But how do I explain this loss to those who do not share the concepts of my faith? Will my broader academic and cultural community understand that I am mourning a dead child? Will they be able to appreciate the immense devastation that I will carry with me until I die? Will they be able to grieve with me, as a good community should? Or is my loss just another type of ineffable and inexplicable experience of isolation to add to the endless litany of loneliness in late modernity, another erosion of mutuality?
An Impenetrable Grief?
Perhaps others can only sympathize with my grief, without acknowledging that I am really grieving a person. My grief might matter to them solely because of my sadness, and not because the world lost a beautiful life. Some members of my social and professional network privately believe my lost child is just another spontaneous abortion, a clump of cells that I passed. But out of politeness, acquaintances might acknowledge a miscarriage as a loss when the mother is saddened, even if they think she is deluded.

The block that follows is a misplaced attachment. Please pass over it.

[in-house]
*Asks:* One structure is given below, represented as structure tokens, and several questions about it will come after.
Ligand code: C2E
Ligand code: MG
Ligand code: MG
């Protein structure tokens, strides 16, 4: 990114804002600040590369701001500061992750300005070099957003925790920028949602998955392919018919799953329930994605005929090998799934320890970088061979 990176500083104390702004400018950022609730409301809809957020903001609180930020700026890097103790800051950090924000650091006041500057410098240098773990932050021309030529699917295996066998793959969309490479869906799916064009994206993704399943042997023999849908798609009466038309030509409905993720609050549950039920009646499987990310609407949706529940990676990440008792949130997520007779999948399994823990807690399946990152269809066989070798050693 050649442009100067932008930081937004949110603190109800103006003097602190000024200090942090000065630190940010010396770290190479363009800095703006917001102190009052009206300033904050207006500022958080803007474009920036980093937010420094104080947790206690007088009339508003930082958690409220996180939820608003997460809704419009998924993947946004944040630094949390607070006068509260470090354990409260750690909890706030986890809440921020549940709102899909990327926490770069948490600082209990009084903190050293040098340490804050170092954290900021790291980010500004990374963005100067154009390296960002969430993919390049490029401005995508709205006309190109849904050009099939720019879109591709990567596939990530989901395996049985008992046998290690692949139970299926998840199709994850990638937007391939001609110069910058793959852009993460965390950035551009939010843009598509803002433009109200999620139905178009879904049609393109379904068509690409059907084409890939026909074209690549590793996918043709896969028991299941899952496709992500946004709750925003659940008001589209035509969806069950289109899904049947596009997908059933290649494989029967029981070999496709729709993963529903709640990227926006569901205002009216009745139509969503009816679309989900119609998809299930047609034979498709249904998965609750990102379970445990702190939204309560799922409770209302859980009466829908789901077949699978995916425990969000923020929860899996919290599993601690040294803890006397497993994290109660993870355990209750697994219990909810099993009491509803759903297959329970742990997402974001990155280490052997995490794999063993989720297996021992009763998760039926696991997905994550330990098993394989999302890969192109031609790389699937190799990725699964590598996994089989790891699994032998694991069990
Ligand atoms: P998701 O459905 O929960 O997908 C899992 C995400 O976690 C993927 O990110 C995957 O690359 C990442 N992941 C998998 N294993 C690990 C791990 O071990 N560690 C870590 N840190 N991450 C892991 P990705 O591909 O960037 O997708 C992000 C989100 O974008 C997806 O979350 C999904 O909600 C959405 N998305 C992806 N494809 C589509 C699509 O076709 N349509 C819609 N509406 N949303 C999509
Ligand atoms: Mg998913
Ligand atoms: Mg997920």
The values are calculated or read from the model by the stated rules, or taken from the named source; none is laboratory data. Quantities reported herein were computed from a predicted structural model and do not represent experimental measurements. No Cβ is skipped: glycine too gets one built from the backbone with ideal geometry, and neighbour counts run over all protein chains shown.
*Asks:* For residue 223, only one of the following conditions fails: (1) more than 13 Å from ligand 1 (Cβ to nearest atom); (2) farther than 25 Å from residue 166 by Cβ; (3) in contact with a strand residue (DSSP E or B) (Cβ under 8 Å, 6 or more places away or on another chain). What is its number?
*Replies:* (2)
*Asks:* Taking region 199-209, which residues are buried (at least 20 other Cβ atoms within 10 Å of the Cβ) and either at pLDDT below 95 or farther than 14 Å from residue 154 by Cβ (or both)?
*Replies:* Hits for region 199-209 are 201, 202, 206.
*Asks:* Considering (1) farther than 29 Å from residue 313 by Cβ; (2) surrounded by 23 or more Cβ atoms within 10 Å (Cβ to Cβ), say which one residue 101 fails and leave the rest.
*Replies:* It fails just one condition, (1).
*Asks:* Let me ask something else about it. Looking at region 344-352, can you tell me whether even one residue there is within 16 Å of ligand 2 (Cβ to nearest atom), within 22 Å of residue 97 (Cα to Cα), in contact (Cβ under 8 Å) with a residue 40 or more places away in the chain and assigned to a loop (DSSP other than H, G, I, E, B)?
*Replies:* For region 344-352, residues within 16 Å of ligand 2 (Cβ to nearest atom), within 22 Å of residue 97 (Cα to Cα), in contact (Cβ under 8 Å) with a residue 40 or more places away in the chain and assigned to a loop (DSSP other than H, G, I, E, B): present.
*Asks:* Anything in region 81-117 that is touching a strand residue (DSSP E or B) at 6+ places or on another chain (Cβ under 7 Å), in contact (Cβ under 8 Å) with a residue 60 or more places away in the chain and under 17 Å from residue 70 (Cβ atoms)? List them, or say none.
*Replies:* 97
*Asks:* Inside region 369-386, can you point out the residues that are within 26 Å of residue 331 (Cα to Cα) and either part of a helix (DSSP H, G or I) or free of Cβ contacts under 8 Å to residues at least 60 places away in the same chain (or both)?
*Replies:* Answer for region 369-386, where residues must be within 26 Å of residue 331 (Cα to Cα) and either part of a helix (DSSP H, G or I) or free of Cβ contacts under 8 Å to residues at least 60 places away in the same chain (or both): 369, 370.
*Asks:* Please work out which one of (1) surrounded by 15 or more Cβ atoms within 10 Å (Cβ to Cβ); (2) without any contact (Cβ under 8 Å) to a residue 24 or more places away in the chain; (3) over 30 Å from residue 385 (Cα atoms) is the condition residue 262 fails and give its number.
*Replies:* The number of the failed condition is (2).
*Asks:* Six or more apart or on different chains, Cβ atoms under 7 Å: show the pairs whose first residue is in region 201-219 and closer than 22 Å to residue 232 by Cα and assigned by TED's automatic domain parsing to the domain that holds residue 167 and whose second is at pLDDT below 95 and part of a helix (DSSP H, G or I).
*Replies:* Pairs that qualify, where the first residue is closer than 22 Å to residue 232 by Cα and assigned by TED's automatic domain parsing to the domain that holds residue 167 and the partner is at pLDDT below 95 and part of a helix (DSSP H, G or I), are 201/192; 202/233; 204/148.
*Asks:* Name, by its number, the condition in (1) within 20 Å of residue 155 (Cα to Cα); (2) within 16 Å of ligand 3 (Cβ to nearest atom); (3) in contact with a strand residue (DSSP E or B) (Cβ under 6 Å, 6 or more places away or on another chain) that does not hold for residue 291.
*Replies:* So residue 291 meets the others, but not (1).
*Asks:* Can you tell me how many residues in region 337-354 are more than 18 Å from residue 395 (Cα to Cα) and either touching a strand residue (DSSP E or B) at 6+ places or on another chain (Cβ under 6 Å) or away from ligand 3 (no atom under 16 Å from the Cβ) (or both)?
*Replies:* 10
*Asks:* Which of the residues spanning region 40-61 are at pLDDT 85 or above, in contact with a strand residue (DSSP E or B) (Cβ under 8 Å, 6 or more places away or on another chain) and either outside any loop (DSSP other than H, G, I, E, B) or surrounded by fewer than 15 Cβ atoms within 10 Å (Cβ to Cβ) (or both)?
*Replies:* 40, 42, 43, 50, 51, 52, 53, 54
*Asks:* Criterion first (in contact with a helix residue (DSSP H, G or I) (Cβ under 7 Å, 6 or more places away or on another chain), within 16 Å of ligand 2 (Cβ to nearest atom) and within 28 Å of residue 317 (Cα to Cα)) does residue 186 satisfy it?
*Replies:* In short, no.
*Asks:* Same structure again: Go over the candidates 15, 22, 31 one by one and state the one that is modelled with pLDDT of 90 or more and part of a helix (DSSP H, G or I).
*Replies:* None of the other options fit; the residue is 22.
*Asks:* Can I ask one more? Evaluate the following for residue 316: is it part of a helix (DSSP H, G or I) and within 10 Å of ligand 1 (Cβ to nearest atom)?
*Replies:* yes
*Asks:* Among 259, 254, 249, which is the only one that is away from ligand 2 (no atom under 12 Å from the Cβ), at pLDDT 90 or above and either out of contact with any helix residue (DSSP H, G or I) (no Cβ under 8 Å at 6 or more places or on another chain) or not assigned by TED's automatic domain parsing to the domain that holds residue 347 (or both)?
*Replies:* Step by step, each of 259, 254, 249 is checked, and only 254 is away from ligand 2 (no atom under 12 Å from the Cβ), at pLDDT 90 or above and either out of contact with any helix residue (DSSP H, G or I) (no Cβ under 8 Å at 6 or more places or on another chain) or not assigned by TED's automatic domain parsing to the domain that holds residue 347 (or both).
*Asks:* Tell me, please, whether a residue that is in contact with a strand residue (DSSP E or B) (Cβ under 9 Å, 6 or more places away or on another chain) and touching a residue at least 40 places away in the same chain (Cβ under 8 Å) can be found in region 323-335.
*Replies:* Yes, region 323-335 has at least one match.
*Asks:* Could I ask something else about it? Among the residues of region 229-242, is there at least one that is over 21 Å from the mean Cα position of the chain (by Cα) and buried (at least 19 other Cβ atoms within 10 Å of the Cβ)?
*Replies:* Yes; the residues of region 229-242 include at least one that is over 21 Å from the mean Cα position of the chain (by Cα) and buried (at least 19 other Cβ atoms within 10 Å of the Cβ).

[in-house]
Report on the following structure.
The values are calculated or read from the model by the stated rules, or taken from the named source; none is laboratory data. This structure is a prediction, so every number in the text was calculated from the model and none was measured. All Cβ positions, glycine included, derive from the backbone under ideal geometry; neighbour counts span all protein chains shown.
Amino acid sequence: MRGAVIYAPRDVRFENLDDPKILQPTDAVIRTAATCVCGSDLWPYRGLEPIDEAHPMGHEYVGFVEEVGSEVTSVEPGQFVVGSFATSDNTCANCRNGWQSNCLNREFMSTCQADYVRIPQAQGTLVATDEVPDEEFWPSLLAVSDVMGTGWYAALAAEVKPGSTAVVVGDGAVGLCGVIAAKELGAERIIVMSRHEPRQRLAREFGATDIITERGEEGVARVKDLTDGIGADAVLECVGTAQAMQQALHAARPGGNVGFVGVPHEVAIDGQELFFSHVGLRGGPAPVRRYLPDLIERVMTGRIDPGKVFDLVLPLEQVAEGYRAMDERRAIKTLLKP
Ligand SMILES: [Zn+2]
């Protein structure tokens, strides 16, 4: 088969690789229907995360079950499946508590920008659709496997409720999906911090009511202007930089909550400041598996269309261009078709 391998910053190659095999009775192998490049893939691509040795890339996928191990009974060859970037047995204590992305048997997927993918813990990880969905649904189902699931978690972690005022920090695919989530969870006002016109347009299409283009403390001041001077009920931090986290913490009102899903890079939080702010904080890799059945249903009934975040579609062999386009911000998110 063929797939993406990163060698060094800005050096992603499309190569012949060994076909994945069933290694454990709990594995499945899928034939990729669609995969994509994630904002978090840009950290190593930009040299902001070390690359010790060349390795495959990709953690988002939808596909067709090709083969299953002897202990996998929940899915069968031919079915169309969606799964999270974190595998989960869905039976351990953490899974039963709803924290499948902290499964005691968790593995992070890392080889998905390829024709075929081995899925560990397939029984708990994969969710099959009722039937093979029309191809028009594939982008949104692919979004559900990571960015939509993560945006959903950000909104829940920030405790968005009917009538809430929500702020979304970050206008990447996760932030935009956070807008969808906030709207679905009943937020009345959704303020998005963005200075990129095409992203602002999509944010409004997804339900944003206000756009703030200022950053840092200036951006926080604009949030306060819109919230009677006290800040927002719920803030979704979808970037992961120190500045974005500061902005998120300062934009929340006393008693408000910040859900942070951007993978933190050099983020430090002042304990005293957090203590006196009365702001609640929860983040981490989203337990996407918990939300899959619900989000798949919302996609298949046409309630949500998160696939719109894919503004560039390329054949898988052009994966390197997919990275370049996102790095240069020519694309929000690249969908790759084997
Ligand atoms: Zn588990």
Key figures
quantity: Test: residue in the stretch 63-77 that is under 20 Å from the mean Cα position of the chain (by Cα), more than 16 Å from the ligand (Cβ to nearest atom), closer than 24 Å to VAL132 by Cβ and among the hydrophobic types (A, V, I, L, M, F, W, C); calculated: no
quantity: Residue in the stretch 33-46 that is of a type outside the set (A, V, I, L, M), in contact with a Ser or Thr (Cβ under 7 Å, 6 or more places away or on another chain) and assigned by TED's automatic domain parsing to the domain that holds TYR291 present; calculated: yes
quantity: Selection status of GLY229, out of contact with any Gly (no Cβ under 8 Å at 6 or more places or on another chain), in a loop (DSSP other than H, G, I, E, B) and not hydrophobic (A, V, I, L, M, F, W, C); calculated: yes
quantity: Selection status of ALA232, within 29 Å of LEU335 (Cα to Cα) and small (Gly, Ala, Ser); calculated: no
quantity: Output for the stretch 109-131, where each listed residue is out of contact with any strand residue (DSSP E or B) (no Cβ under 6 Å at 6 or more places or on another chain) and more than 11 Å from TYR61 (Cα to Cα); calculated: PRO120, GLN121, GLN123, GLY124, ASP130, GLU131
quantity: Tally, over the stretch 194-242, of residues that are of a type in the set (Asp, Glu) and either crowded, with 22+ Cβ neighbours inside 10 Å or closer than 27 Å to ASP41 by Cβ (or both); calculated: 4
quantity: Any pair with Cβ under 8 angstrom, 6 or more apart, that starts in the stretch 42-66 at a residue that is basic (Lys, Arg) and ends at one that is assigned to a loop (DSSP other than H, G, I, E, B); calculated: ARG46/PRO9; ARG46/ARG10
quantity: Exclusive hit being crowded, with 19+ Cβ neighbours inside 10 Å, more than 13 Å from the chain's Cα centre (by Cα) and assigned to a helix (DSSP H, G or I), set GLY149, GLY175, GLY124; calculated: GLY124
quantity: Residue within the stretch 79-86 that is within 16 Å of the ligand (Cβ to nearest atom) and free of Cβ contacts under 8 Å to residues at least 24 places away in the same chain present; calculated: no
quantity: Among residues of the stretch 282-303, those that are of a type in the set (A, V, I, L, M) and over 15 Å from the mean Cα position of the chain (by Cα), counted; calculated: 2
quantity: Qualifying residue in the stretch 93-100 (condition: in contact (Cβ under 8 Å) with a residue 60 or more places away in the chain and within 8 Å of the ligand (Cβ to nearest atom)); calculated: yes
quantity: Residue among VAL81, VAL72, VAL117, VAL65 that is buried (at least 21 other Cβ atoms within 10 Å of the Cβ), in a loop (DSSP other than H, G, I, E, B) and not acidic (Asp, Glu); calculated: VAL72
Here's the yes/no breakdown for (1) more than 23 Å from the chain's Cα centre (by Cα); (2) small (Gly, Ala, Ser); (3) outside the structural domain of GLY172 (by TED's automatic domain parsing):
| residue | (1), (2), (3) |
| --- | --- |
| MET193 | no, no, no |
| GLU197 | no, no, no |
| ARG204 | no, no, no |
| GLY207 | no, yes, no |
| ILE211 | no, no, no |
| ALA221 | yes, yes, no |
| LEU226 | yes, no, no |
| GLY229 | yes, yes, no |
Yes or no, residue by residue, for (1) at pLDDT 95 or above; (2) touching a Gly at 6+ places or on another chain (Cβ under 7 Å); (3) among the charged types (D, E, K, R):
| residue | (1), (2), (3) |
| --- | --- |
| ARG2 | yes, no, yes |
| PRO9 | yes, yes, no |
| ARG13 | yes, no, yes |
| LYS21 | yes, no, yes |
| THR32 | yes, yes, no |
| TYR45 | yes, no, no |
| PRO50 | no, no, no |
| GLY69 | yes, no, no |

I want to ask such people, “How can someone be valuable only because I value them, and not valuable in themselves?” In the eyes of the world, John-Joel’s life was valuable simply because I wanted him. His entire worth is predicated on my desire for him. I never saw his face. He never spoke. He never acted. The only definitive proof of his life I could have given to the world ended up in a toilet.
In an era of female empowerment, how is it that, to so many, I am just another hysterical woman disconnected from reality and blind to science because I mourn my miscarriage? My fertility is not the grounds of my dignity, but neither is it incidental to who I am. Ignoring that I carried and lost a life in my own body does not help me in any way.
As a woman, modernity has given me a lot. But it does not escape my notice that I miscarried while teaching about the American Constitution, the same text that supposedly bestows the right to end a pregnancy. No shared vocabulary was available to convey what was happening to me. This lack of common language surely is tied to the fact that the Constitution fails to adequately recognize my lost child as a person.
Miscarrying in a society where Roe v. Wade is sovereign left me the closest to succumbing to the nihilism of this age that I ever have. The only thing that saved me from that pit was holding in my hand the positive pregnancy test, the evidence that John-Joel was here.
Abortion and Nihilism
As time goes on, I’ve reflected on both John-Joel’s death and its legal status. I not only think about how much I miss him, but I also grieve knowing that, had he been born alive, he would be socially recognized as someone to miss. The destructive nature of abortion damages even the women who do not choose it.